‘Propellor aims to build a critical mass of small businesses working to tackle disparities in food, water, health and education.  These were areas identified as those with significant inequities, and opportunities for local social enterprise businesses to implement solutions.’

Andrea identified that while a number of initiatives had been developed, equity indicators identified that system change was needed to work towards combating the growing inequality and inequity gap between afro American and white/Asian Americans. She also went on to identify expectations of true impact, identifying what our theory of change is, how we know it is working, what our impact model might be and how we create impact, what the evidence is for this, and how to truly understand social value.

The topic of disruption highlighted a few key areas for Toi Tangata, confirming we are on the right track in looking at smarter ways to deliver activities and improving our digital literacy skills.

Key take homes included Impact Narratives and the need to up the ante in collecting evidence through storytelling and advocacy, as well as looking more into theories of change. Another highlight was the Employers of Tomorrow session which included a panel who identified the impacts of automation, globalisation, and need for flexibility. Work and the way we do it is not linear any more. It was also highlighted that there should be more business for good as a source of transformation and the importance of standing by values and delivering quality services- which is something we are proud to achieve at Toi Tangata and intend to continue.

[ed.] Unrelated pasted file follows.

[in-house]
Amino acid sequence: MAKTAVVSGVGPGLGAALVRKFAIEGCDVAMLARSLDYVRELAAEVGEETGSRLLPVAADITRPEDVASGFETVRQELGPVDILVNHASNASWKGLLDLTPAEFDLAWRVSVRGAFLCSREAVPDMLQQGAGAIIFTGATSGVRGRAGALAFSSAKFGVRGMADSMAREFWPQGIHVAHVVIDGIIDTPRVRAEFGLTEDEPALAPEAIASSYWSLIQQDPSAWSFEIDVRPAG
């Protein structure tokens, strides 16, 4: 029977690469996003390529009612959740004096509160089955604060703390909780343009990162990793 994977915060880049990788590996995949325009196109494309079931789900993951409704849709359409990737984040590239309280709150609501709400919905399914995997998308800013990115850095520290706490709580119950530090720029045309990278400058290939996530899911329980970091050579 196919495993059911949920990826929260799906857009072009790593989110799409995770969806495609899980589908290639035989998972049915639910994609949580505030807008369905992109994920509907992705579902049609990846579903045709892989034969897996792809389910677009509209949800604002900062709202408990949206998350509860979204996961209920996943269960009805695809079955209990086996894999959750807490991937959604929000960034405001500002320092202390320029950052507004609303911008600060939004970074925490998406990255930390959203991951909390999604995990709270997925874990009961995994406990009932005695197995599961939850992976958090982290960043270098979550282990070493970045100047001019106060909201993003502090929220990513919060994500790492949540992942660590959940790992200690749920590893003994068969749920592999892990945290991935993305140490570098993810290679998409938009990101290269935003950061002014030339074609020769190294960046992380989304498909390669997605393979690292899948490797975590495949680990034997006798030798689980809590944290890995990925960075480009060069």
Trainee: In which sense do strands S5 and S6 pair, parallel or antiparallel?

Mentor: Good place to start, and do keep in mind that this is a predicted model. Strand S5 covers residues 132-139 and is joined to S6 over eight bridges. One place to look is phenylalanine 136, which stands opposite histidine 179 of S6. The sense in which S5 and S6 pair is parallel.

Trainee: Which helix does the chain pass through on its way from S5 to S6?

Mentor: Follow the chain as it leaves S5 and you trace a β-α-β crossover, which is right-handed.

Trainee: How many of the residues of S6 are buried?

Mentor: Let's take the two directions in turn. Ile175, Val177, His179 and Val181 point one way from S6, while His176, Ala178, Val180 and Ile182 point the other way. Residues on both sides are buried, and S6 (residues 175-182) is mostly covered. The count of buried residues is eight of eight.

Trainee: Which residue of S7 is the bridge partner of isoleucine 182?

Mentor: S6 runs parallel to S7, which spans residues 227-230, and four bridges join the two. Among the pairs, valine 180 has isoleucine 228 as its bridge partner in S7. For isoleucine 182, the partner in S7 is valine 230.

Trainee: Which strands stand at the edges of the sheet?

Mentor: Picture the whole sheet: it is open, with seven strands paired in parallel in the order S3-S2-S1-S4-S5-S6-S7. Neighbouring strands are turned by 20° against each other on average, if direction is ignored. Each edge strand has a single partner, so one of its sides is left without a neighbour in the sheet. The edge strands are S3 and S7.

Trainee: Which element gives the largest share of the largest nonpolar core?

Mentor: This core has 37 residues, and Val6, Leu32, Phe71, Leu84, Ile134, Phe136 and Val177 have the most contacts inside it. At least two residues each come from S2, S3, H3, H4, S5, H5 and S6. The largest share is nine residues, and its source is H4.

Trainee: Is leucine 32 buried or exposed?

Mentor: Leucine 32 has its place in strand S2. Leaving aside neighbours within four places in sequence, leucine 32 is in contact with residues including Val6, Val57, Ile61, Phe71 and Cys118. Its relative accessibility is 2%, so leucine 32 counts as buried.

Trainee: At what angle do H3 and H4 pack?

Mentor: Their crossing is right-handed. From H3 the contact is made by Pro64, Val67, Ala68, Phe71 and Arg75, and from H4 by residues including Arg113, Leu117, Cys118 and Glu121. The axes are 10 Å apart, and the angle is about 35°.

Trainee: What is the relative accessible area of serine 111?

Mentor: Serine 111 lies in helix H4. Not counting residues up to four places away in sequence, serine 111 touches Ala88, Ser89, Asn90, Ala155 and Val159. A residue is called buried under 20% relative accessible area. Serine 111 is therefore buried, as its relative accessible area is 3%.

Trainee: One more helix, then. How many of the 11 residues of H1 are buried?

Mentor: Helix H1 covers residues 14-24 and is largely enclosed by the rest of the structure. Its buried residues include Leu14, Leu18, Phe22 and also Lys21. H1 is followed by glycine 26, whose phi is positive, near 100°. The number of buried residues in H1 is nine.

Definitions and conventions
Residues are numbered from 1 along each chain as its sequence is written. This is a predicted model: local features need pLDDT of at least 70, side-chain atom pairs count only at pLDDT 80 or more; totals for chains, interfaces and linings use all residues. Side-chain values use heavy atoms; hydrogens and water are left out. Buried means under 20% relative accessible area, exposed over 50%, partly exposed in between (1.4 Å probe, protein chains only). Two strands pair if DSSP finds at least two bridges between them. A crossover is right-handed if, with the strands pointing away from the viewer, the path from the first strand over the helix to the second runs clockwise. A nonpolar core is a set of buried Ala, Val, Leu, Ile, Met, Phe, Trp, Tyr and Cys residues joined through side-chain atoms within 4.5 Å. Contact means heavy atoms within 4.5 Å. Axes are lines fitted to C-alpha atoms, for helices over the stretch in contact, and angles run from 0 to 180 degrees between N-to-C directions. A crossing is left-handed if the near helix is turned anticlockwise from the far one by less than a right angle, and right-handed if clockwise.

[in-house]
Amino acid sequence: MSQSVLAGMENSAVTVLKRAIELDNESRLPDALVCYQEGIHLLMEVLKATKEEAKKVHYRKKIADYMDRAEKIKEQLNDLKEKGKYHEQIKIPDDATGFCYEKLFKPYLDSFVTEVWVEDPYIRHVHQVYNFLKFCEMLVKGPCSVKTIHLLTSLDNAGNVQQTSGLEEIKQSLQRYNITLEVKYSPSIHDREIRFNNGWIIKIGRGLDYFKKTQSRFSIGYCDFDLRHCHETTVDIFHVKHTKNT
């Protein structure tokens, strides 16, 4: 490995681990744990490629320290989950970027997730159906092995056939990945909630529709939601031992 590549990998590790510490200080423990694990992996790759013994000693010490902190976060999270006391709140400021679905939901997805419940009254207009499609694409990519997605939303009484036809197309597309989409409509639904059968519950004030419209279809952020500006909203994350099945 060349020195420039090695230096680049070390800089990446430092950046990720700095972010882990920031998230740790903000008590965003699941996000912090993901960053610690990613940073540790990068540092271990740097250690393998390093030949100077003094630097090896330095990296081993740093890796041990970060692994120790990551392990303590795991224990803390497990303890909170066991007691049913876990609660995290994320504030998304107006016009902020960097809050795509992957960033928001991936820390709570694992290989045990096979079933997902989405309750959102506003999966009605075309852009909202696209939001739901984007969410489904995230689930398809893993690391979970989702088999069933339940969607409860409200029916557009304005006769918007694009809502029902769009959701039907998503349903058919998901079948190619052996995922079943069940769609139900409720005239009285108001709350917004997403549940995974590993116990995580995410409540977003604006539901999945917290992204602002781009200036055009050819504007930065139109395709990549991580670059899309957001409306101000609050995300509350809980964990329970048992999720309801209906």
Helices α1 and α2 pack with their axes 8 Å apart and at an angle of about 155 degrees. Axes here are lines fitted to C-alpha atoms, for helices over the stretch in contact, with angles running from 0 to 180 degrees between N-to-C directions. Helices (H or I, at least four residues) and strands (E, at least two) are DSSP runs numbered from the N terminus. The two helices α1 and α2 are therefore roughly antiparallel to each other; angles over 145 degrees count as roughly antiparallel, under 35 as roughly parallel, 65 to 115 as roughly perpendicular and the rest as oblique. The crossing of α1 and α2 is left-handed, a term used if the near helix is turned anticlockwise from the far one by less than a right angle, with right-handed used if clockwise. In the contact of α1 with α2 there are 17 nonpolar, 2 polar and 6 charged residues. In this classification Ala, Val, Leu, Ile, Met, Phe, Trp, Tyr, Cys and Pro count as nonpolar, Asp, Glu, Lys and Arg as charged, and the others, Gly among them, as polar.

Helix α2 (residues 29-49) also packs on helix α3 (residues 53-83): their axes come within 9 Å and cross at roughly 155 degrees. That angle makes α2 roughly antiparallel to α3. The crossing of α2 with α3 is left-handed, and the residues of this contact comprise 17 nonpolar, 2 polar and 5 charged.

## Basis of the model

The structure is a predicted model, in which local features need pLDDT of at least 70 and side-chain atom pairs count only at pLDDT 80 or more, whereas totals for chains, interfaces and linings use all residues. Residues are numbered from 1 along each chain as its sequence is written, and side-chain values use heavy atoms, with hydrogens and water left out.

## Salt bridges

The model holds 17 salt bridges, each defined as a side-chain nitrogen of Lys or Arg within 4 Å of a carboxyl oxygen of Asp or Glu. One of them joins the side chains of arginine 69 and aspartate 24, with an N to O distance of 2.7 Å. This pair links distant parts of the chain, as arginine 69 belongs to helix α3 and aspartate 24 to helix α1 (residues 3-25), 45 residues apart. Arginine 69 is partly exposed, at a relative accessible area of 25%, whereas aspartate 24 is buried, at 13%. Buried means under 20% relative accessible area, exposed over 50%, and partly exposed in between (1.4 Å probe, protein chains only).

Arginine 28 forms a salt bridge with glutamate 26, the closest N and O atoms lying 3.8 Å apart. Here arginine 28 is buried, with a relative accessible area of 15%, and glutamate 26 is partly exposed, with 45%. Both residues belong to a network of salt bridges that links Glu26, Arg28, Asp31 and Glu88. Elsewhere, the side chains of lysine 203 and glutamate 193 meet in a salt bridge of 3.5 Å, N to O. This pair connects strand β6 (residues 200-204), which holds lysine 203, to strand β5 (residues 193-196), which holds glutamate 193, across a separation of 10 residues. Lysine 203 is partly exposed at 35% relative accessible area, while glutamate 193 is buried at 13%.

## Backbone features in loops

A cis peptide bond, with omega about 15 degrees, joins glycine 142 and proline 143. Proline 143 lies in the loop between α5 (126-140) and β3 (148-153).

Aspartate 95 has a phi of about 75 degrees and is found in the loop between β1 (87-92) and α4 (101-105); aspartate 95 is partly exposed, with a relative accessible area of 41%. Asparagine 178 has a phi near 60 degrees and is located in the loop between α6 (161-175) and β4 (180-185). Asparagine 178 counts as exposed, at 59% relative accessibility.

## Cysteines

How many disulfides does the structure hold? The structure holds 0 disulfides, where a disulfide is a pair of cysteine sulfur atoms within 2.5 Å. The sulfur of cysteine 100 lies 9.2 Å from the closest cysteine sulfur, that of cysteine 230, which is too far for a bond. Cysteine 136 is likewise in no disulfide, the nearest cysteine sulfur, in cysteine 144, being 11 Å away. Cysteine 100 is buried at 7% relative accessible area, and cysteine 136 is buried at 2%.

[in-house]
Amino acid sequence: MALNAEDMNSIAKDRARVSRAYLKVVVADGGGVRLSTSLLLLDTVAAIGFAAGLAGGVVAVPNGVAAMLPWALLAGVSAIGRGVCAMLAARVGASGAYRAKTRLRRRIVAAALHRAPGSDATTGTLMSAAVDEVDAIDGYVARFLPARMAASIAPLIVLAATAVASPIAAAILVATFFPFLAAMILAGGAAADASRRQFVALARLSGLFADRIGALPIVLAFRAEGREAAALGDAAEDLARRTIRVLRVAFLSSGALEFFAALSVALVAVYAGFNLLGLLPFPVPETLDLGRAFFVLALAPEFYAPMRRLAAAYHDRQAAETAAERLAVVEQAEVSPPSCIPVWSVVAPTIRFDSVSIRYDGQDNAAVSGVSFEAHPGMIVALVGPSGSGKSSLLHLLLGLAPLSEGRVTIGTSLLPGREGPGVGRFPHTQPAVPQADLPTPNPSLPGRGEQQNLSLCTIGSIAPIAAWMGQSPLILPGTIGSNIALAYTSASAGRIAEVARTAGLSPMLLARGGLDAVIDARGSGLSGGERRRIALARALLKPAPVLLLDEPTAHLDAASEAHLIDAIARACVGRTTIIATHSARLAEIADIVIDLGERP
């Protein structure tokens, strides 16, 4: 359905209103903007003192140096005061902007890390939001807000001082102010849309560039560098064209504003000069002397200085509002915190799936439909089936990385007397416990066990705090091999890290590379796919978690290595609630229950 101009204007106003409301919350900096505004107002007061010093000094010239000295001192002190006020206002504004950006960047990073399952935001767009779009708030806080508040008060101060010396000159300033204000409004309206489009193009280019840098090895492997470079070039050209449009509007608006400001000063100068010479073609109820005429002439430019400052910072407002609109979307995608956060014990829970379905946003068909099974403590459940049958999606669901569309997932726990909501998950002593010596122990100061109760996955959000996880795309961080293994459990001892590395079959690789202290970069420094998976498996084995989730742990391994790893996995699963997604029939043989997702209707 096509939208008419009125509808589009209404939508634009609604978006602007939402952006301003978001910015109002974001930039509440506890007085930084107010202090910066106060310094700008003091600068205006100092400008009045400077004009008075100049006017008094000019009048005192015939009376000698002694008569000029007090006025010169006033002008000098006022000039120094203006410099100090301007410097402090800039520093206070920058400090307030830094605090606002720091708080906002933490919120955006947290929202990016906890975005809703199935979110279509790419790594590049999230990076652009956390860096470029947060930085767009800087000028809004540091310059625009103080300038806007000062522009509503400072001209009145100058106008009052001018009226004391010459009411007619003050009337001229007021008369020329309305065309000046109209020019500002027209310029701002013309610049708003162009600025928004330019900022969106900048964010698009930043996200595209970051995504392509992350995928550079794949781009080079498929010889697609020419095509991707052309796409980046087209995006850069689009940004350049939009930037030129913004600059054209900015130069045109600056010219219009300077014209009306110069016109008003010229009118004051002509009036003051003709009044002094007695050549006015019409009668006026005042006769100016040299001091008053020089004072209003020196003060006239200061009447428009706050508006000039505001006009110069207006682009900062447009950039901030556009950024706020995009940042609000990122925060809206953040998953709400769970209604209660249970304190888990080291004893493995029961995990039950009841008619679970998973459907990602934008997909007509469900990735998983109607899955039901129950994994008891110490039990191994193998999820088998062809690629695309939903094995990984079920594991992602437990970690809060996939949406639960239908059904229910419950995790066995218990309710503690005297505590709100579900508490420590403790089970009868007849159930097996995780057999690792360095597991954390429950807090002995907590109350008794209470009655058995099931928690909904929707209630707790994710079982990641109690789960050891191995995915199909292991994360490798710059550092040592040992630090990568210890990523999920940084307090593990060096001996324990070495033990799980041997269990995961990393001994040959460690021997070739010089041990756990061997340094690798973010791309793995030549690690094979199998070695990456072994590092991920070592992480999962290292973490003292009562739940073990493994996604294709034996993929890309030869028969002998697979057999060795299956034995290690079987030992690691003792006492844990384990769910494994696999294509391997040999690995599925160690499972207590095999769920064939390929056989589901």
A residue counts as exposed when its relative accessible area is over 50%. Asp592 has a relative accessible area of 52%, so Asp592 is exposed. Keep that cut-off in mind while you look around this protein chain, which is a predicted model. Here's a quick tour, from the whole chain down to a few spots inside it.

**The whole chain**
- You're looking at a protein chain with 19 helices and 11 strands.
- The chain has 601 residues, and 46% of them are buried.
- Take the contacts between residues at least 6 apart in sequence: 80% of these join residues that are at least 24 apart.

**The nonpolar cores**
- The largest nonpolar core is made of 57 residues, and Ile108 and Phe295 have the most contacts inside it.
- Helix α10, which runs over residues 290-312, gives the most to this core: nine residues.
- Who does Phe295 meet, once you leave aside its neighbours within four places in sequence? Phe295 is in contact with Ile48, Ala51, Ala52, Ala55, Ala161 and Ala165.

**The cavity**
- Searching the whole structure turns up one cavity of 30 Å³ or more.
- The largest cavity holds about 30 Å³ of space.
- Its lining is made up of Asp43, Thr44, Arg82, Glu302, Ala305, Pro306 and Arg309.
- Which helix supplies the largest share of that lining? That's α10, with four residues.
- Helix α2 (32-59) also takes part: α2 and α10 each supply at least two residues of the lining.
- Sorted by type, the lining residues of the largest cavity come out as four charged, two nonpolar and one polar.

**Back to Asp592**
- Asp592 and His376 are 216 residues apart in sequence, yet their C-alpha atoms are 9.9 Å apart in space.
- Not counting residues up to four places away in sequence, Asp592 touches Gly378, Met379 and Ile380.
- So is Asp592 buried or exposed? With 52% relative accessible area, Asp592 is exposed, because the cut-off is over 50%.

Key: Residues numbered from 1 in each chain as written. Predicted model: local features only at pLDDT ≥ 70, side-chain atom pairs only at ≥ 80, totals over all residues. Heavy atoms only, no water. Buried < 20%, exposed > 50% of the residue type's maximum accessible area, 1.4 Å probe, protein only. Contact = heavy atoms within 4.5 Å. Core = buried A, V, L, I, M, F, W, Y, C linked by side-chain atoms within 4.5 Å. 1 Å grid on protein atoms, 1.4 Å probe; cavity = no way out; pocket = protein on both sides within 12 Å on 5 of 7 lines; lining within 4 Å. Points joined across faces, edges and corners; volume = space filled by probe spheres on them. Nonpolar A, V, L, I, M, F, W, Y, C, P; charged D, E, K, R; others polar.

Attending the SEWF was a great experience and has shown that looking forward, there is an urgent need for more digital literacy workforce development opportunities and the development of Social Value and Impact measures. To keep up this momentum, there must be more opportunities for Maori bursars to come together in either a face to face or digital forum because collectively, we can instigate great change.